Inside, the mosque felt like a ghostly museum or historical site. There were no worshippers. Before the far prayer hall, I found a banner reading: “Ethnic unity is happiness; Splittism [ethnic separatism] and riot are calamity.” A young Uighur man in a traditional embroidered shirt—but with his head uncovered—deferentially ushered a group of Han Chinese tourists inside. When I questioned the propriety of non-believers entering the prayer hall, he shook his head, and replied, “This is just my job. I wouldn’t know about that.”

As I walked away, the young man got out his phone, and apparently informed the door police there was a potential troublemaker at large, likely to cover his own back. Shortly afterwards, when I approached an older Uighur man watering the plants in the mosque courtyard, he systematically moved away, foot by foot, until finally giving me a firm shake of his head when I said hello. Seconds later, a police officer appeared at about a 25-foot distance and hung around until I moved away.

None of this suggested the “normalization” of “extremist” Islam; rather, it evidenced wholesale coercive secularization and a deliberate campaign of state terror—an intention to eliminate all expression of everyday Islamic practice, however peaceful, and a rising fear in Uighur communities of being seen as religious.

The imprint of coercive secularization was also visible on Uighur bodies through intrusive state controls on religious dress, resulting in a lack of veils and headscarves, and shorter tunic length on women, as well as in an absence of facial hair on men. Back in 2004, as the Islamic revival gathered pace, it had been common to see women, and even young girls, wearing the niqab or hijab in the Uighur district of Urumqi.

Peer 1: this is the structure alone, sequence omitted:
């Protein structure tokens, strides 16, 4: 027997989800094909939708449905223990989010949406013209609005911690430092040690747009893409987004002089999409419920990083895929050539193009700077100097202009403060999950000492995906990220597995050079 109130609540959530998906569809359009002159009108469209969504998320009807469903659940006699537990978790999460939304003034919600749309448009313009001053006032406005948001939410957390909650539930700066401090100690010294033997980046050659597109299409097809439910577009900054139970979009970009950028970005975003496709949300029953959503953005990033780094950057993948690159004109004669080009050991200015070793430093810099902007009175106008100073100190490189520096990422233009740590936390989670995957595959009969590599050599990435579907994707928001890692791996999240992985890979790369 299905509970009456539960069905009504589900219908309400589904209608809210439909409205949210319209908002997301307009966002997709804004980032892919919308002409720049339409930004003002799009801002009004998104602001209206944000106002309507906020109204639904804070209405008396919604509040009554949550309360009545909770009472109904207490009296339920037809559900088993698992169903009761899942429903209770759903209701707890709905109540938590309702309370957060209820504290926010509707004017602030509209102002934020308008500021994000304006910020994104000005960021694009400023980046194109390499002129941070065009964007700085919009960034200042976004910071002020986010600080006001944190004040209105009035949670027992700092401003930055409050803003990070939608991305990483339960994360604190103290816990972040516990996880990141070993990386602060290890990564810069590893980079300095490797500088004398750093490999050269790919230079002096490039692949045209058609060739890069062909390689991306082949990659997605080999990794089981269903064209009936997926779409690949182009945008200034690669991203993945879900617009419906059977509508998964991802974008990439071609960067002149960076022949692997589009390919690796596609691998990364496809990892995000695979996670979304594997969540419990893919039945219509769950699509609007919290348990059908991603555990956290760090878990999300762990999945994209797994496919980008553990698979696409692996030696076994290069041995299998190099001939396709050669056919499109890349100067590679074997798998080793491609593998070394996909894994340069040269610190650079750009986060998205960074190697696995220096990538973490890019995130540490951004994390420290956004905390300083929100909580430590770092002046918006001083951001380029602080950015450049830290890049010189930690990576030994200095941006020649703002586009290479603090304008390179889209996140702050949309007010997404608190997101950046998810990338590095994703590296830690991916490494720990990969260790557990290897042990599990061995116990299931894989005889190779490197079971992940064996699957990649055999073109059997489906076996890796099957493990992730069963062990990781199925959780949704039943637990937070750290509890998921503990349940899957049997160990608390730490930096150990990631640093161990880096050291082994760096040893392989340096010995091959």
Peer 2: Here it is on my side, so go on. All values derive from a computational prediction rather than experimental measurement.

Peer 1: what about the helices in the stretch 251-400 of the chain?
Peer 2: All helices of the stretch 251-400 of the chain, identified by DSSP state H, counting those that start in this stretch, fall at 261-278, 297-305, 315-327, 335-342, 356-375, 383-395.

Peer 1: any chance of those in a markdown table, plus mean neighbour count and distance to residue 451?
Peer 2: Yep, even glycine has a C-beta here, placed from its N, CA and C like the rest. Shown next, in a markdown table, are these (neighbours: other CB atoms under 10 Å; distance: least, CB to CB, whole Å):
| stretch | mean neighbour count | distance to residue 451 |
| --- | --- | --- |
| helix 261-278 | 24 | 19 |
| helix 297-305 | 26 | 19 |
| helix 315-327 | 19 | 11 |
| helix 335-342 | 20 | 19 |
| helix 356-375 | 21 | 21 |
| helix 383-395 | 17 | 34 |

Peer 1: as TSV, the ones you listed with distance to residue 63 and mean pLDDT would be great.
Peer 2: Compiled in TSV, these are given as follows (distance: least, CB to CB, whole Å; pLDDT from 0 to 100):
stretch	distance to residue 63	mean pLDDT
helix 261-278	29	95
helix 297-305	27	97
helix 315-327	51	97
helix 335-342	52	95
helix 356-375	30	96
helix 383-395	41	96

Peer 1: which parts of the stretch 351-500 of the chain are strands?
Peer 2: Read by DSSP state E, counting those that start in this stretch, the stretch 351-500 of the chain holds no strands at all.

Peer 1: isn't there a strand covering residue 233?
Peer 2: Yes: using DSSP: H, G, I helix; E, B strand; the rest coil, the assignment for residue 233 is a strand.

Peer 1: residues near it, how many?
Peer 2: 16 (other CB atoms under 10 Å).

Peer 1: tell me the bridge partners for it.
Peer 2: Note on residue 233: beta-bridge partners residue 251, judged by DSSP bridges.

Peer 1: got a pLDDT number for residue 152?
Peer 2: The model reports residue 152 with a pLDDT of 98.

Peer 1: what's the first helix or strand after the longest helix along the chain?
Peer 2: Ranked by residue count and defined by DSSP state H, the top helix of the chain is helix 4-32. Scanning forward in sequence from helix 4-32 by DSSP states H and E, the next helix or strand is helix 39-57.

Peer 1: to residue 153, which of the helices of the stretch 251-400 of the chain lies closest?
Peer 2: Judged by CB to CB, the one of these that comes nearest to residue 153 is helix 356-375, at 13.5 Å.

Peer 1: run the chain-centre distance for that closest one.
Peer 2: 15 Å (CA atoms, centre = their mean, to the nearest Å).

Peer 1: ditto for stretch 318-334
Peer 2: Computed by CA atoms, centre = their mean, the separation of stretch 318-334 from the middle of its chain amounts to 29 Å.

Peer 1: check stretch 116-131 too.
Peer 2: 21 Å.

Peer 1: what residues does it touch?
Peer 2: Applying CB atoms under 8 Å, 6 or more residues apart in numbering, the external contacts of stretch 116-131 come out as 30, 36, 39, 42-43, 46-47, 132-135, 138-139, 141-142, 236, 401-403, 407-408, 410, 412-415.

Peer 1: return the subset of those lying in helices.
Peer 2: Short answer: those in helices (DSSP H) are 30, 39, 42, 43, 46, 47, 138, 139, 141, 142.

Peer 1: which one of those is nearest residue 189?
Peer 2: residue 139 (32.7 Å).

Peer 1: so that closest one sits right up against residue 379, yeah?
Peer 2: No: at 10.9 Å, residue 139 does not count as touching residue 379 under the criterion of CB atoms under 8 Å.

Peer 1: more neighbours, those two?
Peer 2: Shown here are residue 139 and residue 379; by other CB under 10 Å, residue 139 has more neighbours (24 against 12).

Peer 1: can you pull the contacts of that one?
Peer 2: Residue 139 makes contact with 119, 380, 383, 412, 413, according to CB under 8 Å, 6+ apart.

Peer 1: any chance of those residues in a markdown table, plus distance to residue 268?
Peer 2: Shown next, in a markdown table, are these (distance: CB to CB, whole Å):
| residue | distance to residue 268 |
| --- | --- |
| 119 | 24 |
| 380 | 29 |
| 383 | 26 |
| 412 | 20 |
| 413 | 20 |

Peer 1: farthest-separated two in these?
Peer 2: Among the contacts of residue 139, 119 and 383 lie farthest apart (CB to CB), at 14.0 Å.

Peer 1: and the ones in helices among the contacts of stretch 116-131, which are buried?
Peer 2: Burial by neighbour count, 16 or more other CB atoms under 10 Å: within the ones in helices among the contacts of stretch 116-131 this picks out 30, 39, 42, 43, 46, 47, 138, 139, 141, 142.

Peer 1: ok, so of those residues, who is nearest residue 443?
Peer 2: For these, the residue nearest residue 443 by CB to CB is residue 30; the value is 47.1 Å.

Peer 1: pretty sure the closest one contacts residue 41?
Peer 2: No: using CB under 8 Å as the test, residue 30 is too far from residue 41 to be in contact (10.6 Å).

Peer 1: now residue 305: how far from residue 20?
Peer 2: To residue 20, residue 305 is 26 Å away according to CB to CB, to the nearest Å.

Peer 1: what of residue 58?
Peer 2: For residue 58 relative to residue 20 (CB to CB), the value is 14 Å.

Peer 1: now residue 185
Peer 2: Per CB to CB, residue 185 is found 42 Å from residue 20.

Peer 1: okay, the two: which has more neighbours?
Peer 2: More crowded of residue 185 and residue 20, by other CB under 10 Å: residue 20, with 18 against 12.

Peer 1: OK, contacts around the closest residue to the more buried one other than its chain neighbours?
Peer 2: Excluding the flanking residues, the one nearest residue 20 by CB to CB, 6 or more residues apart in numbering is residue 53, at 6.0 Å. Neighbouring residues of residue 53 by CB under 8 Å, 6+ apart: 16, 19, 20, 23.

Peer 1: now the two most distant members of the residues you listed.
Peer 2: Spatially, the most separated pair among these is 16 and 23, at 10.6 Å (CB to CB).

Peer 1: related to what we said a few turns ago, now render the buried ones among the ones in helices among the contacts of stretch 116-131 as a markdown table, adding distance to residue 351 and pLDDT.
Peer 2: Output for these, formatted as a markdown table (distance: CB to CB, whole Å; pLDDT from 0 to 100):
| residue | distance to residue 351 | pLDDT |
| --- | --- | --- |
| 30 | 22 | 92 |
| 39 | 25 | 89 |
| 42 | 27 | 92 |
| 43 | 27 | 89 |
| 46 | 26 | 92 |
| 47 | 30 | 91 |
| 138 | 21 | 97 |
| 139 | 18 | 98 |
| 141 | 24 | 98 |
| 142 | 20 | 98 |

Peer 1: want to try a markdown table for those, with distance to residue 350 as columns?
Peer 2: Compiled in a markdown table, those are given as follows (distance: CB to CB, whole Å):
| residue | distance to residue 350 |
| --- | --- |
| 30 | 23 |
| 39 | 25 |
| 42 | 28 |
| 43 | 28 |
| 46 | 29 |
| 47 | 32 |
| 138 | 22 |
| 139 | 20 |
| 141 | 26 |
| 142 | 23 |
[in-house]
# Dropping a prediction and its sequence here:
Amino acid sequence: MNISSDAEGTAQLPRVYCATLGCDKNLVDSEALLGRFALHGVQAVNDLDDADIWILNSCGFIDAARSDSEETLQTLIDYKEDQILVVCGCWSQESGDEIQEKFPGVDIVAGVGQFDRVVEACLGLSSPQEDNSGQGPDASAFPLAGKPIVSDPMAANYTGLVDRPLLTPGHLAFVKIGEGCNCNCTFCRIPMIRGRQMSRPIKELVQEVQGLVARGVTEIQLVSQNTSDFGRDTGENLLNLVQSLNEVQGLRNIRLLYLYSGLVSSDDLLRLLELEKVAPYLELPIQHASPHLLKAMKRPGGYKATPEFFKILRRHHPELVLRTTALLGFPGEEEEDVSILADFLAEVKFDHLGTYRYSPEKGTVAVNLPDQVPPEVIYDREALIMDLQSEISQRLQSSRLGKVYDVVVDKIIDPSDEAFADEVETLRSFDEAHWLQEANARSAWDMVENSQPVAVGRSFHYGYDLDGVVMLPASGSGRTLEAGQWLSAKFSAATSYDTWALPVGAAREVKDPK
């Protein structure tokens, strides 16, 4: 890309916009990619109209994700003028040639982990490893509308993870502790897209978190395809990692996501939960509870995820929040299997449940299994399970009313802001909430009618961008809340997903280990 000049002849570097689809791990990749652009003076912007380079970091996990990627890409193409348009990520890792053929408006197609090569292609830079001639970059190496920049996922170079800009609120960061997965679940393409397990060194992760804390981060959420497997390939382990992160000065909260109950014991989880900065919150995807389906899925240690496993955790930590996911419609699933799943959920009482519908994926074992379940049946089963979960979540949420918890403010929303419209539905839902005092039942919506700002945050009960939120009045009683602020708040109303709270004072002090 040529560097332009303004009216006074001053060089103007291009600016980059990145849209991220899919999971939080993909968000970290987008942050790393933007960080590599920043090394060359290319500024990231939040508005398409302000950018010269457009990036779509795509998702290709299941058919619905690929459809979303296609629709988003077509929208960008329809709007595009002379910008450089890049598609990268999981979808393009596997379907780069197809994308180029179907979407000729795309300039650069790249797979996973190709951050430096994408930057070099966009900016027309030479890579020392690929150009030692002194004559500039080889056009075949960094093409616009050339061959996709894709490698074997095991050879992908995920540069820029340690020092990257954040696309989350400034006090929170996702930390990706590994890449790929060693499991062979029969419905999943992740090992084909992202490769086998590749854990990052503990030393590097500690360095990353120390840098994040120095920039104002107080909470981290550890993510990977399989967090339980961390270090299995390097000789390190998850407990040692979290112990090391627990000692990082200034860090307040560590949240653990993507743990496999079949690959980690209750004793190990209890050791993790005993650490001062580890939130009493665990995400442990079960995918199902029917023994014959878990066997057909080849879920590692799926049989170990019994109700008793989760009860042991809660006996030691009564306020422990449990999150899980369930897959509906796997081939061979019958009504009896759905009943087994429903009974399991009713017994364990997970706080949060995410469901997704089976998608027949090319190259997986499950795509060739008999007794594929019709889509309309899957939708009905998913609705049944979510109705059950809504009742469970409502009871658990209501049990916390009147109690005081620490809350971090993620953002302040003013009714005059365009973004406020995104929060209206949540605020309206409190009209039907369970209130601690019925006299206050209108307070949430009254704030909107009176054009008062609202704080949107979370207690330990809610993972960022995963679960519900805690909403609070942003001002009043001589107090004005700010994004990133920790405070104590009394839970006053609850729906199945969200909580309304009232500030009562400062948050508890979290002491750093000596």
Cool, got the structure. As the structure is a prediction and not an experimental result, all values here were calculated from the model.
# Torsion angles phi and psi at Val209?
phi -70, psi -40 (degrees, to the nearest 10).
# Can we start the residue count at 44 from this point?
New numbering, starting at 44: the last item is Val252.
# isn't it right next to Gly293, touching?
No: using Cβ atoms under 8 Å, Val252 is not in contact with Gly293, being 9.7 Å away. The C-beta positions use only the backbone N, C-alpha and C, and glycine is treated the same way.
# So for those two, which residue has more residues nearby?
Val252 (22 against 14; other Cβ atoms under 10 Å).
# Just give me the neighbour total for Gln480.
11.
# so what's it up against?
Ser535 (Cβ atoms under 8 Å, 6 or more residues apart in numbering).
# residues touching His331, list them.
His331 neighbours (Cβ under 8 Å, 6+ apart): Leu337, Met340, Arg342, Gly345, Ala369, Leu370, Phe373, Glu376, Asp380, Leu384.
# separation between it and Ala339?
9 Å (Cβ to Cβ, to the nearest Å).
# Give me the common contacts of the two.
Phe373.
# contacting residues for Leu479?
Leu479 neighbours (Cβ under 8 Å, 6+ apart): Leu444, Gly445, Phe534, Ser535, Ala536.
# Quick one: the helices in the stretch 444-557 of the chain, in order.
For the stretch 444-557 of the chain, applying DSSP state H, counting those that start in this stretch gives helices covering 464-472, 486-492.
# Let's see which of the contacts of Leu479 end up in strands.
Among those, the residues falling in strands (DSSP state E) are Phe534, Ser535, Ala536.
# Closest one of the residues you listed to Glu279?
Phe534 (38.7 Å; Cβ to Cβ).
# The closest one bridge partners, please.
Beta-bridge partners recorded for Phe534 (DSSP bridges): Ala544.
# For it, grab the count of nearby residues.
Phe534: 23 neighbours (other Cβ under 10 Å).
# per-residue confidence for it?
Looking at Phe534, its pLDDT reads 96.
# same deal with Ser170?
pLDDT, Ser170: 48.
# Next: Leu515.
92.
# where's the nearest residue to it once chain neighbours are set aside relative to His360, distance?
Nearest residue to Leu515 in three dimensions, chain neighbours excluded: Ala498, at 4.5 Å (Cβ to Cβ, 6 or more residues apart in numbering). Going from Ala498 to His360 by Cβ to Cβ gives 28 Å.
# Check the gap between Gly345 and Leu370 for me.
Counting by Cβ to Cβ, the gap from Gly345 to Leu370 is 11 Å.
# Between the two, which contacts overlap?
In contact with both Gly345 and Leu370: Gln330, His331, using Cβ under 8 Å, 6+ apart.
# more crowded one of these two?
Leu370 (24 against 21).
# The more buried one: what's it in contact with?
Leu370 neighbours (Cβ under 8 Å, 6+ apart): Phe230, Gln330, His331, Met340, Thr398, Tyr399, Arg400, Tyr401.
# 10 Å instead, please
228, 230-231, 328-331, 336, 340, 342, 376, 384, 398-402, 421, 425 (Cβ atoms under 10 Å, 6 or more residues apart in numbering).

As recently as 2016, many young women in Urumqi had donned a turban-style head-covering or a modified version of the hijab, in a nod to global sartorial trends for Muslim women. But the situation was then already worsening in the south. Uighur migrants who had fled to the regional capital from Kashgar told me, “a lot of people down south have been put in prison for very small things, like wearing veils and growing beards.” By this summer, it was rare to see anything but the flimsiest chiffon headscarf in Urumqi, while in Kashgar head coverings were not in evidence at all. Similarly, where Uighur men had earlier worn beards or at least a moustache, all but the elderly were now strangely clean-shaven.

A German student I had met in Kashgar wrote to me from Ghulja in north Xinjiang to recount a conversation held with a Uighur taxi driver. She said she told him that the mosque situation in Xinjiang was very sad. At this, he began to cry, producing an old photo of himself with a moustache. He told her he did not feel he could grow one anymore; that while the practice was not officially forbidden, everyone knew the heavy consequences of doing so.

Images emerged in July, first on social media, then in online news reports, of C.C.P. cadres enforcing secular dress codes by cutting short Uighur women’s dresses in the street. The women in the photographslook humiliated, with some attempting to cover their face before the camera.

In Urumqi, I spoke to many women employed by Muslim catering businesses, where a concerted campaign was underway to “de-extremify” shop-fronts through the systematic removal of halal signage. Here, not only Uighur and Kazakh but also Hui Muslims were affected. Asked how she felt about the ongoing urban “beautification” project in the city’s Tianshan district, a female Hui restaurateur observed carefully: “Our halal sign will not be replaced when the shop gets its new façade; but even if it doesn’t appear up there, I will still have it in my heart.”